LASIK Preparation

Preparing for LASIK Eye Surgery

Preparing for LASIK eye surgery. Sean Locke

LASIK has become has become one of the most popular elective procedures in the United States today. Approximately 500,000 to 1 million LASIK procedures are performed annually. LASIK is an acroynm that stands for "laser assisted situ keratomileusis." During a LASIK procedure, surgeons use a microkeratome blade to create a thin flap of tissue to expose the stroma (the middle layer of the cornea), which is the clear dome-like structure in the front part of your eye. An excimer laser is then applied to the exposed stroma to gently remove tissue in an attempt to reshape the cornea and correct such vision problems as nearsightedness, farsightedness, and astigmatism. The thin flap of tissue is then put back into place.

LASIK Pre-Tests

Before your planned date of surgery arrives, your optometrist or the ophthalmologist performing the surgery will conduct a few LASIK pretests to ensure that you are a good candidate for LASIK. Several measurements will also be taken that will guide your surgeon during the procedure. Pretests are designed to make sure you do not have any conditions that could cause potential problems or that disqualify you as a candidate for LASIK. Below are some of the procedures that may be performed prior to having LASIK:

  • Lifestyle Assessment: An important evaluation for all eye surgery is for the surgeon to discuss your lifestyle, personality, and occupation. It is important to talk to patients about how they use their eyes before having LASIK and what type of demand they have on their vision. Expectations should be set for the likely results that will be obtained with LASIK. While most people that have LASIK are pleased with the results, there are some that have a result that was a little different that what they expected. Most people expect 100% eyeglass free vision after LASIK and that is not always the result.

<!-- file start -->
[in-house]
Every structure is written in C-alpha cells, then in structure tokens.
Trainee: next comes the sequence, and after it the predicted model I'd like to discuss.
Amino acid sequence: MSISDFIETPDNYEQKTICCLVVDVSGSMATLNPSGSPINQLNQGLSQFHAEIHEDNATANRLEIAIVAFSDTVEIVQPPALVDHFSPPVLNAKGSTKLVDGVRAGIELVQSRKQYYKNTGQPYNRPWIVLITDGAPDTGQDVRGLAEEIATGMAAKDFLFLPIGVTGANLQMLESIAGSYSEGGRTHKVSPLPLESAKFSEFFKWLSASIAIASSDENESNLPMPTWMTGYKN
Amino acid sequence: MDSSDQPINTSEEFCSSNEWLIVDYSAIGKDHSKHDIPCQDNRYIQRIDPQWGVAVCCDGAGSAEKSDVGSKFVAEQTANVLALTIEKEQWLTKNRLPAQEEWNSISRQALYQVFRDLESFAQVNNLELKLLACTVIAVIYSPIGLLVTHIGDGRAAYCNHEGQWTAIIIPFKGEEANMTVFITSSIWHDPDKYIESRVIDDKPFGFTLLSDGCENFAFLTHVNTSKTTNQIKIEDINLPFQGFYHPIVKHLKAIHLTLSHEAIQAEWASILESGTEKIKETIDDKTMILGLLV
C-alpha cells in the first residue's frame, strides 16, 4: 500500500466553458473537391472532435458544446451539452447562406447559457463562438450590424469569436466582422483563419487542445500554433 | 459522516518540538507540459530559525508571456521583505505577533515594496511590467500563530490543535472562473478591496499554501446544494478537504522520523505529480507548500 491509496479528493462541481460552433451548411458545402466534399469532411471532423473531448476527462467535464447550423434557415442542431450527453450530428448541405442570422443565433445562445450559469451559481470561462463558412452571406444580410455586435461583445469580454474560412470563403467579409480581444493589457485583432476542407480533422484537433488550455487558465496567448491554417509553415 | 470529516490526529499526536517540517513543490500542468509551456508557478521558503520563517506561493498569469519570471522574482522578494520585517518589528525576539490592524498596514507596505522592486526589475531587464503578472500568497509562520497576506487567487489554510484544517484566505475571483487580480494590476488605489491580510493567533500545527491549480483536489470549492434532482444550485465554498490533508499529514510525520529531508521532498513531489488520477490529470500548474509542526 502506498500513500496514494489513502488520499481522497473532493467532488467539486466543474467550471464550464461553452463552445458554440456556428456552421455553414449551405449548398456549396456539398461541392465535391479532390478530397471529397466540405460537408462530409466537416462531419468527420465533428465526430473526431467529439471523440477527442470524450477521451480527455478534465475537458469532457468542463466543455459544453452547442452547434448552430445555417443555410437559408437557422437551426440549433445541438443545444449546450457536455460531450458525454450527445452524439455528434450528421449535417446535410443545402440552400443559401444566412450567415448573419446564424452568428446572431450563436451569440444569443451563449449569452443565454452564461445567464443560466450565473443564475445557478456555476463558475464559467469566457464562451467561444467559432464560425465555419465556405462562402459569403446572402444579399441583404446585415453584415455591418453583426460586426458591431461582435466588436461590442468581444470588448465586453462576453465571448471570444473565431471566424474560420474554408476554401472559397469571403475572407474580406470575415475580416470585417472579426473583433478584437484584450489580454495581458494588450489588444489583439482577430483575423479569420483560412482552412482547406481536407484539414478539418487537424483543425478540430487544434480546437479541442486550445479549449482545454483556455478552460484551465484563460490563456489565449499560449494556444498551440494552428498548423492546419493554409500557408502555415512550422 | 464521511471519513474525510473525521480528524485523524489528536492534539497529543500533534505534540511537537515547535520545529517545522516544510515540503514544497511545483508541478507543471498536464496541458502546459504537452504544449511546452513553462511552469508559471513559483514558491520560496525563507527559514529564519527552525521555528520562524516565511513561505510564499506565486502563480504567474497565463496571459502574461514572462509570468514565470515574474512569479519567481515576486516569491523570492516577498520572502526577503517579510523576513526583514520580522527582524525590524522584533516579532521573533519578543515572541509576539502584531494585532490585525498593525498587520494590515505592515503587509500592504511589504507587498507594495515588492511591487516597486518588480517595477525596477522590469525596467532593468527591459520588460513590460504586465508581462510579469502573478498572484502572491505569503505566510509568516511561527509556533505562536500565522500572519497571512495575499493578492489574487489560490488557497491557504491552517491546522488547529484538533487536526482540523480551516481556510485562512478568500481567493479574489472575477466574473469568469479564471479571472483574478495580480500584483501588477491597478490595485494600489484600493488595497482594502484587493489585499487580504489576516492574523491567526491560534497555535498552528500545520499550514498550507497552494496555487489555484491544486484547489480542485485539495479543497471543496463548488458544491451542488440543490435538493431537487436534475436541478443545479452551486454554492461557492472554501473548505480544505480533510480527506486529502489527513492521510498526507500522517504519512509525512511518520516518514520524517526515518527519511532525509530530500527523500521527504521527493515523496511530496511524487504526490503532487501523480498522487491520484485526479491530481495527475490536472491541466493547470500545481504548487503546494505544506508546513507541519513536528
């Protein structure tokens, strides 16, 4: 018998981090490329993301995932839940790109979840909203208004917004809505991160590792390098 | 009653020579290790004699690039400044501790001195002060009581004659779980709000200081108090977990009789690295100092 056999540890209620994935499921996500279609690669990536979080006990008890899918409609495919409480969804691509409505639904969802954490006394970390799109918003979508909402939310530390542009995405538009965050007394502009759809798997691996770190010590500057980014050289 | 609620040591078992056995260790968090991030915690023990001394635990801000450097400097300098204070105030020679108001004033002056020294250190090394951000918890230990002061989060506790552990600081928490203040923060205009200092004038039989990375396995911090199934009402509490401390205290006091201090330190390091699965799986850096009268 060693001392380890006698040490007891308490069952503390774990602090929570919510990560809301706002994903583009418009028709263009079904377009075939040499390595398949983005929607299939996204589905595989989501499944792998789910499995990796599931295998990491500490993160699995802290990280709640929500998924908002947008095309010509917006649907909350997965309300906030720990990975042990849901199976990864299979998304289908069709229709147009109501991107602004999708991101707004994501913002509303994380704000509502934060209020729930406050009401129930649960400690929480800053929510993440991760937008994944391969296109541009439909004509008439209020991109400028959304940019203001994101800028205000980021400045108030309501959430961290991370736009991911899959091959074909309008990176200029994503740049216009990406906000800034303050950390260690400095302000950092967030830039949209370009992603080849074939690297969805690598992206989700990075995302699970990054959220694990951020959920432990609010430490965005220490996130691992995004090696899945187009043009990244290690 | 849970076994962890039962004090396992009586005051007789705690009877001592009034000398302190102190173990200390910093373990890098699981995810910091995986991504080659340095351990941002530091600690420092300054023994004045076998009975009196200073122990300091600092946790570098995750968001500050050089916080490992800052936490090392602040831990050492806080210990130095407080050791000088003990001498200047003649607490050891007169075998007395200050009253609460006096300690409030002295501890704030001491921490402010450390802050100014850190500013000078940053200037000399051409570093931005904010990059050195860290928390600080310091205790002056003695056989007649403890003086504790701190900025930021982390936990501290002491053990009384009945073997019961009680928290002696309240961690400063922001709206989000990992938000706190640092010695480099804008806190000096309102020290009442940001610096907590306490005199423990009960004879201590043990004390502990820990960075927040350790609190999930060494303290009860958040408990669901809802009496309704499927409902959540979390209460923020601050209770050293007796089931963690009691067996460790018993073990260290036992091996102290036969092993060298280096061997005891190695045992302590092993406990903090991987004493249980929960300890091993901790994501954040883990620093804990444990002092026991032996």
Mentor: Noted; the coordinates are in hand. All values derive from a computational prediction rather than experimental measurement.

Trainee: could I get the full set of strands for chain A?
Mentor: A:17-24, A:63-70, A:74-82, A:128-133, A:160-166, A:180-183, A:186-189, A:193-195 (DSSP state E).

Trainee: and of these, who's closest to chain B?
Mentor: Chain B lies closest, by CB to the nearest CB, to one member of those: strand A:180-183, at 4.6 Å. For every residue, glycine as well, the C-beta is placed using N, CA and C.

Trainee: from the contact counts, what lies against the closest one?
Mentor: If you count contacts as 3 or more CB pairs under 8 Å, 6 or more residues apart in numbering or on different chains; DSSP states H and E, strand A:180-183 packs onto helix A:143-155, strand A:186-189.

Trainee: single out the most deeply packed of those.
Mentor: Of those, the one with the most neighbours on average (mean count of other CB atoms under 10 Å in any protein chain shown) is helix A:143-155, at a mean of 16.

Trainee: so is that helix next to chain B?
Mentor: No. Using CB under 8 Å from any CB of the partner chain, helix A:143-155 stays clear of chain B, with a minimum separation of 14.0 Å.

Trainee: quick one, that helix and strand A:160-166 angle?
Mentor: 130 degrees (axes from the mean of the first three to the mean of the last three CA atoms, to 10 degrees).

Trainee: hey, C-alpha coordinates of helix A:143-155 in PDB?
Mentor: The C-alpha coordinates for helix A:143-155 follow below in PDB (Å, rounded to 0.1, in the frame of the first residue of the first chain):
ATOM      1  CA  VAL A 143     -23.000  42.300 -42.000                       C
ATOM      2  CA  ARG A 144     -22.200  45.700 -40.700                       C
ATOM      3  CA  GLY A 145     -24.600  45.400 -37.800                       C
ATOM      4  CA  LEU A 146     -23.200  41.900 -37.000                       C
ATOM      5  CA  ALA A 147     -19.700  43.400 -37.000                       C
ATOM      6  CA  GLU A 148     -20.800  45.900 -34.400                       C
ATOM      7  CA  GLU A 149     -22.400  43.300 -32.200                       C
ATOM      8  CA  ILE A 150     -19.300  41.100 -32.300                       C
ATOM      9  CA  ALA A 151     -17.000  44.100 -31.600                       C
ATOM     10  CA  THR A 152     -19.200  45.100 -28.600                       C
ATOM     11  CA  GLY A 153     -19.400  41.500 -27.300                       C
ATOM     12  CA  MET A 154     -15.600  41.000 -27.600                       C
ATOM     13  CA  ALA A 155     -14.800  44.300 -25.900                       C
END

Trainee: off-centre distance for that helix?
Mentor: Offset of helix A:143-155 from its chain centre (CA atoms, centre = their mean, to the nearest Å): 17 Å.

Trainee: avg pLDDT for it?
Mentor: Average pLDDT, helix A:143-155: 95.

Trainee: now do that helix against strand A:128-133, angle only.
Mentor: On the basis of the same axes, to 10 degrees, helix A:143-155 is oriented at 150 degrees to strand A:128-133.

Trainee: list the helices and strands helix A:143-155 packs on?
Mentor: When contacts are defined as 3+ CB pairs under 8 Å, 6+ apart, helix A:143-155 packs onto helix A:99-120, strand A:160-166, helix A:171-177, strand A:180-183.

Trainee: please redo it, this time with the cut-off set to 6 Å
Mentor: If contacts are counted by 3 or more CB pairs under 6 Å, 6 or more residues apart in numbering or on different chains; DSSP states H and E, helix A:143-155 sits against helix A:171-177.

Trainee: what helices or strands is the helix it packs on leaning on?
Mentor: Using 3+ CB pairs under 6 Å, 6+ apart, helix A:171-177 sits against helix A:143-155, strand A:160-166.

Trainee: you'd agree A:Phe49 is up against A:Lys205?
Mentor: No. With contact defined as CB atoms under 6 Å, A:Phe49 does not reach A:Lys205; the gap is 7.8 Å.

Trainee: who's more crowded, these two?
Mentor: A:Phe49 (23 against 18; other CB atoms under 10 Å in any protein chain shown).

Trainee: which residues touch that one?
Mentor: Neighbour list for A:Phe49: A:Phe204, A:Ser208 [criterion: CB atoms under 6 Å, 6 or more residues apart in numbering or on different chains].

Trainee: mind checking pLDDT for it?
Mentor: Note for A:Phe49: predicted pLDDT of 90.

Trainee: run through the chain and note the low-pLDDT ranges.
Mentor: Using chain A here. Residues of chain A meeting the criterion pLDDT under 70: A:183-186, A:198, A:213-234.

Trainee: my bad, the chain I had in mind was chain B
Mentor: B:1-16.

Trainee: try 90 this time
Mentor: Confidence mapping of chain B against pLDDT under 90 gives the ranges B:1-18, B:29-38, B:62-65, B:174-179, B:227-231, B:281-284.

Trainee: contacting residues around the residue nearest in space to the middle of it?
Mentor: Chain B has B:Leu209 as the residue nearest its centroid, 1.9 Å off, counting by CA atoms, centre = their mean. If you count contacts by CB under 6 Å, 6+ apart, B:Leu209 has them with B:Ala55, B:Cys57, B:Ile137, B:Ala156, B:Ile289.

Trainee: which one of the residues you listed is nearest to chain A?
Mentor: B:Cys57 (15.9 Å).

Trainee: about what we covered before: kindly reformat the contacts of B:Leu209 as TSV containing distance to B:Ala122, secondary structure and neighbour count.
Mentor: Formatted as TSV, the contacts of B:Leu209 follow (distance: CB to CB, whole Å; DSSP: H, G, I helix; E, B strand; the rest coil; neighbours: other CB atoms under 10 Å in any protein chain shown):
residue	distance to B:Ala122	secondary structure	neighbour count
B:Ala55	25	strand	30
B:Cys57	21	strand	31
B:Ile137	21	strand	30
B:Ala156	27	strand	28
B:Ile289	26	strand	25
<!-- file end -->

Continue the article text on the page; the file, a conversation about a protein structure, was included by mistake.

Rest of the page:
• Corneal Topography: Corneal topography is a computerized method of determining the exact topographical shape and power of the cornea. Measurements are computed and placed into color maps. Hotter colors, such as red and orange, show steeper areas, while cooler colors show areas of the cornea that are flatter.
  • Wavefront Analysis: Wavefront analysis is a relatively new development in eye care and can be very important in measuring higher-order aberrations of the human optical system. Higher-order aberrations are types of vision deficits similar to lower-order aberrations, such as nearsightedness, farsightedness, and astigmatism, but represent different distortions. They seem to be more apparent in some people and often cause such symptoms as decreased night vision, glare, and halos around lights.
  • Corneal Thickness Measurements: Pachymetry is known as the measurement of the thickness of the cornea. This is important for LASIK patients because the procedure changes the power of the eye by reshaping and removing corneal tissue.
  • Accurate Pupil Size Measurements: Nighttime and daytime pupil size is important for quality of vision after LASIK. People with naturally large pupils or pupils that dilate heavily in dim light may have more glare, halos, and contrast problems after having LASIK.

Pre-Operative Instructions

As your scheduled LASIK surgery approaches, keep in mind that a few rules have been established for you to follow as safeguards. Following these suggestions will help encourage a positive outcome.

  • Contact lenses: Your doctor will inform you that if you wear contact lenses, you must not wear them for a certain amount of time before the procedure. This is suggested because they come into contact with your cornea, and it is possible that they can temporarily change the shape of your cornea and cause an error in the measurements taken when planning for your LASIK procedure. Most surgeons recommend a minimum of two weeks for soft contact lenses and four weeks for rigid gas permeable contact lenses. These are not hard-and-fast rules. It is entirely possible that you may have to discontinue contact lenses for much longer depending on your eye health history and length of time you have worn contact lenses.​
  • Medications: Be sure to fill any pre- or post-operative medications that your refractive surgeon prescribes before the procedure. You don’t want to be running around town or sitting around a pharmacy waiting for your eye medications after your surgery.
  • Transportation: Be sure to arrange for transportation after your surgery. You will need to have a friend or relative drive you home. Although improvement in vision is almost immediately noticeable after LASIK, some people are very blurry, and driving may be dangerous. You may also be a bit groggy from anti-anxiety medications that may have been given to you. Also, just going through the procedure, although quick, creates a bit of stress, and this may make you a bit disoriented.
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    Article Sources

    • Azar, Dimitri T. and Douglas D. Koch. LASIK - Fundamentals, Surgical Techniques and Complications, 2003.